It’s Friday - a good day for a somewhat different type of post. Several readers have recently asked for a “cheat sheet” on the French political landscape. The US mass media has done a poor job in covering the French elections. Describing French politicians to a US audience is difficult due to the tremendous differences in the electoral process, the issues, the political parties, and the candidates. For example the Socialist Party is a major (“mainstream”) force in France, while it is more of a “fringe” movement in the US. Therefore one way to provide a quick (although very simplistic) picture of the current French candidates is to “map” each candidate into a US politician that is in a similar spot on the political spectrum. Clearly there are multiple ways to approach this and each could be debated for hours, but here is the first shot at it. Those who want more details on each of the politicians, including full backgrounds, etc., should consult Wikipedia.
To begin with, the chart below shows the first round election results of the current French candidates for presidency. This gives an indication (voter turnout varies materially for different parties) of the popular support that each politician has in France.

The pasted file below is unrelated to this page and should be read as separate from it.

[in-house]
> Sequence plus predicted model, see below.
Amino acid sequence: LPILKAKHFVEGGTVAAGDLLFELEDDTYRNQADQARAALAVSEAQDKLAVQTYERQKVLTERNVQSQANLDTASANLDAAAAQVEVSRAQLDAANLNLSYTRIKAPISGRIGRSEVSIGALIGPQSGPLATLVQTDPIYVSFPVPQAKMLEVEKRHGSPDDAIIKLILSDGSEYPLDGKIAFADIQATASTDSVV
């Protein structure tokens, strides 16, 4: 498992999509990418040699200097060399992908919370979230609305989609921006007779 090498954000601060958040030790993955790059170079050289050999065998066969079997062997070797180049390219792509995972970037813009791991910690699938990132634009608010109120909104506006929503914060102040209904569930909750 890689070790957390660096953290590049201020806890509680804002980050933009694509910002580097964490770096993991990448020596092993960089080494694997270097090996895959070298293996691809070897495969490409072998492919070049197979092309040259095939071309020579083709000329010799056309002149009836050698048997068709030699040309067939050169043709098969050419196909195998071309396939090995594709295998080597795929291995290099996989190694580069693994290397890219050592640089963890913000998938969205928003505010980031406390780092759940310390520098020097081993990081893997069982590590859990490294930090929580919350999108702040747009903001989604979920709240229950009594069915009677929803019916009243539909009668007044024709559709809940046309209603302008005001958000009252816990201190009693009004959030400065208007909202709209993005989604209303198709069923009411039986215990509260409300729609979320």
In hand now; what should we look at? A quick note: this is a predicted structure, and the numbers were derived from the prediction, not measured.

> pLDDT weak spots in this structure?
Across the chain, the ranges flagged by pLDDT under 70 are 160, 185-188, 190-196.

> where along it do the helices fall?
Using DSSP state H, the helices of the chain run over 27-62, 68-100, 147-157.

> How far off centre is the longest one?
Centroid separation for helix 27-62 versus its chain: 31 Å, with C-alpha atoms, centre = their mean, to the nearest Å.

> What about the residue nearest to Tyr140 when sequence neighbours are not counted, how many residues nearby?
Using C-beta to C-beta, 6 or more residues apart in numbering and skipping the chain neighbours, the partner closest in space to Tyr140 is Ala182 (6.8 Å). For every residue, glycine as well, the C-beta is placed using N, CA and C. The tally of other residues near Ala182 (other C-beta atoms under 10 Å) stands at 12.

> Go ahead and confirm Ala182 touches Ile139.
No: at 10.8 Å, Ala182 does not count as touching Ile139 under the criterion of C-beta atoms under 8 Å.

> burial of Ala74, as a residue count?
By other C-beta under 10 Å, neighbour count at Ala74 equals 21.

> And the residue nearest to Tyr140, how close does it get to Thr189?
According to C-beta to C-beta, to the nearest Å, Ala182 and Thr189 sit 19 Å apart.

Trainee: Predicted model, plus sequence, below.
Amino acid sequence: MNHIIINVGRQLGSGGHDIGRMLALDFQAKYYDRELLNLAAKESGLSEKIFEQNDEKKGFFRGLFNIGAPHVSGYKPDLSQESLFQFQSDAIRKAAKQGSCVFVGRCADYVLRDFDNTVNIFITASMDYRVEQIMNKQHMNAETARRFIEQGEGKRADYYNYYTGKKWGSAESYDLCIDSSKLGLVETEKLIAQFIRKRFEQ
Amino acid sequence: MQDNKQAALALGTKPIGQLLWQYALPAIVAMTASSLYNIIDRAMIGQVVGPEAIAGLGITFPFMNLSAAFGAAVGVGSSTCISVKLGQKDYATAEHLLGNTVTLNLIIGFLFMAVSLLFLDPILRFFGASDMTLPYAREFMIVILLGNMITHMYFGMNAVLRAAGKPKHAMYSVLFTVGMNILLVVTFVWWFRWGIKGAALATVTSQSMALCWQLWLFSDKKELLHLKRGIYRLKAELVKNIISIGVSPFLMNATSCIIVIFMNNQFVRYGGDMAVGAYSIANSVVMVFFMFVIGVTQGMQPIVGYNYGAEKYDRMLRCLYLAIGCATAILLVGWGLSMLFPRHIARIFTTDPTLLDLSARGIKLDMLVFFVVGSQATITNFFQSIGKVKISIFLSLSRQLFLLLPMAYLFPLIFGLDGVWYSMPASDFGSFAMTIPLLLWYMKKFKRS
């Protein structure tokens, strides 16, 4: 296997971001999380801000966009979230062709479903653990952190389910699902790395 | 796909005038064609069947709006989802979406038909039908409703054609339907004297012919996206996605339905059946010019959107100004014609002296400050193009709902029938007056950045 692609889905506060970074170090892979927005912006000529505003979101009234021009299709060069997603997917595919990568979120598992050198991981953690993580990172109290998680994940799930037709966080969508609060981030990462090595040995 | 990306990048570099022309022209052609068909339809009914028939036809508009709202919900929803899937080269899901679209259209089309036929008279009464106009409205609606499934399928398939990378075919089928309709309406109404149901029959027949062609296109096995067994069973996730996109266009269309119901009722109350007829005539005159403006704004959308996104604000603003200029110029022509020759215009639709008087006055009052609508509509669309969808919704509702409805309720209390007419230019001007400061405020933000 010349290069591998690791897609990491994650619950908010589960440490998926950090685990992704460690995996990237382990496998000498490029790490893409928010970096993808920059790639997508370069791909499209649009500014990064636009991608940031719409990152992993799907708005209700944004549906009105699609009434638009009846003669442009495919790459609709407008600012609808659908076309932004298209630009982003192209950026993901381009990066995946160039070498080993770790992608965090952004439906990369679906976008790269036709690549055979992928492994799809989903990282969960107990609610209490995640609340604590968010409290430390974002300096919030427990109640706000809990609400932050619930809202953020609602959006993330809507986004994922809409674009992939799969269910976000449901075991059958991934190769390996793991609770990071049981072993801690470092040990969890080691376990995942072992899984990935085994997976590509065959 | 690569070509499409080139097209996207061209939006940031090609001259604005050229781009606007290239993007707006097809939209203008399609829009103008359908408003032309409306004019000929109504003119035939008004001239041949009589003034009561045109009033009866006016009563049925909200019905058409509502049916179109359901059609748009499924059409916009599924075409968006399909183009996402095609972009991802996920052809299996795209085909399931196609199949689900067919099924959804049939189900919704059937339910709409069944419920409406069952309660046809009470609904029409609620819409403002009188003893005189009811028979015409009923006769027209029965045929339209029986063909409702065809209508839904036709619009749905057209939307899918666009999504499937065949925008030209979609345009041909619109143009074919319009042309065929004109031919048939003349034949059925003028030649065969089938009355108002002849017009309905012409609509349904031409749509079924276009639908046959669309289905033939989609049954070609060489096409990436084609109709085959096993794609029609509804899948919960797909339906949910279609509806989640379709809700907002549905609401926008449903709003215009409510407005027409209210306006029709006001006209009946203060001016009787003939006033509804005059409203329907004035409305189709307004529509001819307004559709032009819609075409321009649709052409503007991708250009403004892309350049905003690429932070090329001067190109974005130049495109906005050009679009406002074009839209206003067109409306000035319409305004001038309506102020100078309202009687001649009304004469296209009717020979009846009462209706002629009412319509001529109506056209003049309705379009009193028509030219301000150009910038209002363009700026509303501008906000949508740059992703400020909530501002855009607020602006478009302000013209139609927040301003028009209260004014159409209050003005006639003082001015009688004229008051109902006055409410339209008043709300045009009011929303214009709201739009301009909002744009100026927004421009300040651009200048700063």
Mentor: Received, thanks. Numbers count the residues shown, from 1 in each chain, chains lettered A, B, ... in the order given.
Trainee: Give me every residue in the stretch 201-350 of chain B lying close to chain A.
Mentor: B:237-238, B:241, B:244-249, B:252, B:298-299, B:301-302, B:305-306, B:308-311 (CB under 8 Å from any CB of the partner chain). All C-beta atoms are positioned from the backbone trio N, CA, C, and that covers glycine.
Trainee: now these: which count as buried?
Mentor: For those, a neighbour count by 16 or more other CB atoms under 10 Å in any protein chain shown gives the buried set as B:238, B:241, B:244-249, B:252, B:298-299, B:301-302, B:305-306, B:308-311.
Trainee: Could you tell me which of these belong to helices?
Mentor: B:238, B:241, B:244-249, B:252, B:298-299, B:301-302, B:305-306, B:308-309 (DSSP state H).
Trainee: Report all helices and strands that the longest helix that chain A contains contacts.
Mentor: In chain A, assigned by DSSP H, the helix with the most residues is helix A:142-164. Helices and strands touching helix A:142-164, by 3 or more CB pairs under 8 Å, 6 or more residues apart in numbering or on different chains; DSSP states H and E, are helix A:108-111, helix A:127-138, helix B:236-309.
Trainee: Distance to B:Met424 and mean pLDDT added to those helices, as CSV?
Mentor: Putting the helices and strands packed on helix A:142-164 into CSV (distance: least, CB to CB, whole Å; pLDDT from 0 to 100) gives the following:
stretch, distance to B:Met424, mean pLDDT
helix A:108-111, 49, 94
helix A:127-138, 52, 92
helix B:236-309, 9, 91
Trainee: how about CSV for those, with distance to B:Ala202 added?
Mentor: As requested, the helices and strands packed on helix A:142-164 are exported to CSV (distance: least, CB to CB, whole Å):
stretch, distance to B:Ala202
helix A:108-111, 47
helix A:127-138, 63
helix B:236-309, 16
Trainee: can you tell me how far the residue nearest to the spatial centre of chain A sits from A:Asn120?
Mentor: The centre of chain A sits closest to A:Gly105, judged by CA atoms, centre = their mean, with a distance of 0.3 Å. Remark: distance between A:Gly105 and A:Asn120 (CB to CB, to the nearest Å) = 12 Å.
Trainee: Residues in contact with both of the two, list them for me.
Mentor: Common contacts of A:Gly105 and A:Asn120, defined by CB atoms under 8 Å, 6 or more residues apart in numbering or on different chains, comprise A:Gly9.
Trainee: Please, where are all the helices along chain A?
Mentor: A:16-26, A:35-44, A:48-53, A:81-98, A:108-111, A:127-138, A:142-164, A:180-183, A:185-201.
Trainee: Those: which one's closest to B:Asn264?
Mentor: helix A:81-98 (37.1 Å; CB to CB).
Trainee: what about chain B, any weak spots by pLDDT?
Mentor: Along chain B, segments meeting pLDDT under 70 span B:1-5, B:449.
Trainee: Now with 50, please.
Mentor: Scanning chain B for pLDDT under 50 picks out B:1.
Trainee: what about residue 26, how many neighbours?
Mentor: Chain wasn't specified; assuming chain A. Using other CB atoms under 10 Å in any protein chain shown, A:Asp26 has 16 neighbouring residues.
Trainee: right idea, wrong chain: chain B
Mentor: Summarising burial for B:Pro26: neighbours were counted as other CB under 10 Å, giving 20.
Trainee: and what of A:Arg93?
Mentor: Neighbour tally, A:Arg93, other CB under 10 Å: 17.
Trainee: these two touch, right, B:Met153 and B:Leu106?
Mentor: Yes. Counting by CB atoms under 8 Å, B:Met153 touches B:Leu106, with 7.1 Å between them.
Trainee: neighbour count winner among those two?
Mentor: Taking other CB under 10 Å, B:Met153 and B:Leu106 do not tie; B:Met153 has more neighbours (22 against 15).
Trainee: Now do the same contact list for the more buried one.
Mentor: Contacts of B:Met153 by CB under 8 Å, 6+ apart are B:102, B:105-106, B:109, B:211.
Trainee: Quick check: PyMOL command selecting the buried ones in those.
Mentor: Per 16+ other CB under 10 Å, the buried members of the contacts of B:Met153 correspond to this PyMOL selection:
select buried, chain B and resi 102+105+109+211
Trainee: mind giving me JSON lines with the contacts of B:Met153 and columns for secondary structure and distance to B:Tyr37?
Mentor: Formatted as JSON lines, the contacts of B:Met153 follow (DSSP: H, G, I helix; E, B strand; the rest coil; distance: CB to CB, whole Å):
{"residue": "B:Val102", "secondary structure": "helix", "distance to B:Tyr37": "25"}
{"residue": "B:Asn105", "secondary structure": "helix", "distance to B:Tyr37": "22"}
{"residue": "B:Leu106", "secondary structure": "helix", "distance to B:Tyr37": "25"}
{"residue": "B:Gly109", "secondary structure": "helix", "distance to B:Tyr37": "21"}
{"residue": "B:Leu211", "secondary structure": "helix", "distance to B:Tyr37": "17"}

|The results of the first round of elections in France|
And here is the map. Strangely but purely coincidentally some of the countrparts look alike or would make great couples. If anything they should get to know each other because they surely have quite a bit more in common than they thought.
On a more serious note, according to BNP Paribas, the outcome of the election will impact the French inflation rate:
BNP Paribas: Inflation and purchasing power is an important theme of the French election campaign, although not as important as it was in 2007. Still, whoever wins, a number of planned economic measures will affect the inflation outlook.
President Nicolas Sarkozy has already got parliamentary approval for a VAT hike, but if he loses the election, it will be cancelled. Inflation may be less volatile short term if François Hollande wins; he is planning a temporary cap on petrol prices at the pump this summer.
Labour costs are the main issue that could impact inflation and the competitiveness of the French economy in the longer term. The outlook will vary considerably, depending on who wins the election.
Investors in inflation-linked products cannot ignore the impact of the French election, though the lack of detail in the Socialist platform makes it impossible to come up with a reliable estimate of the impact on inflation of a Socialist victory.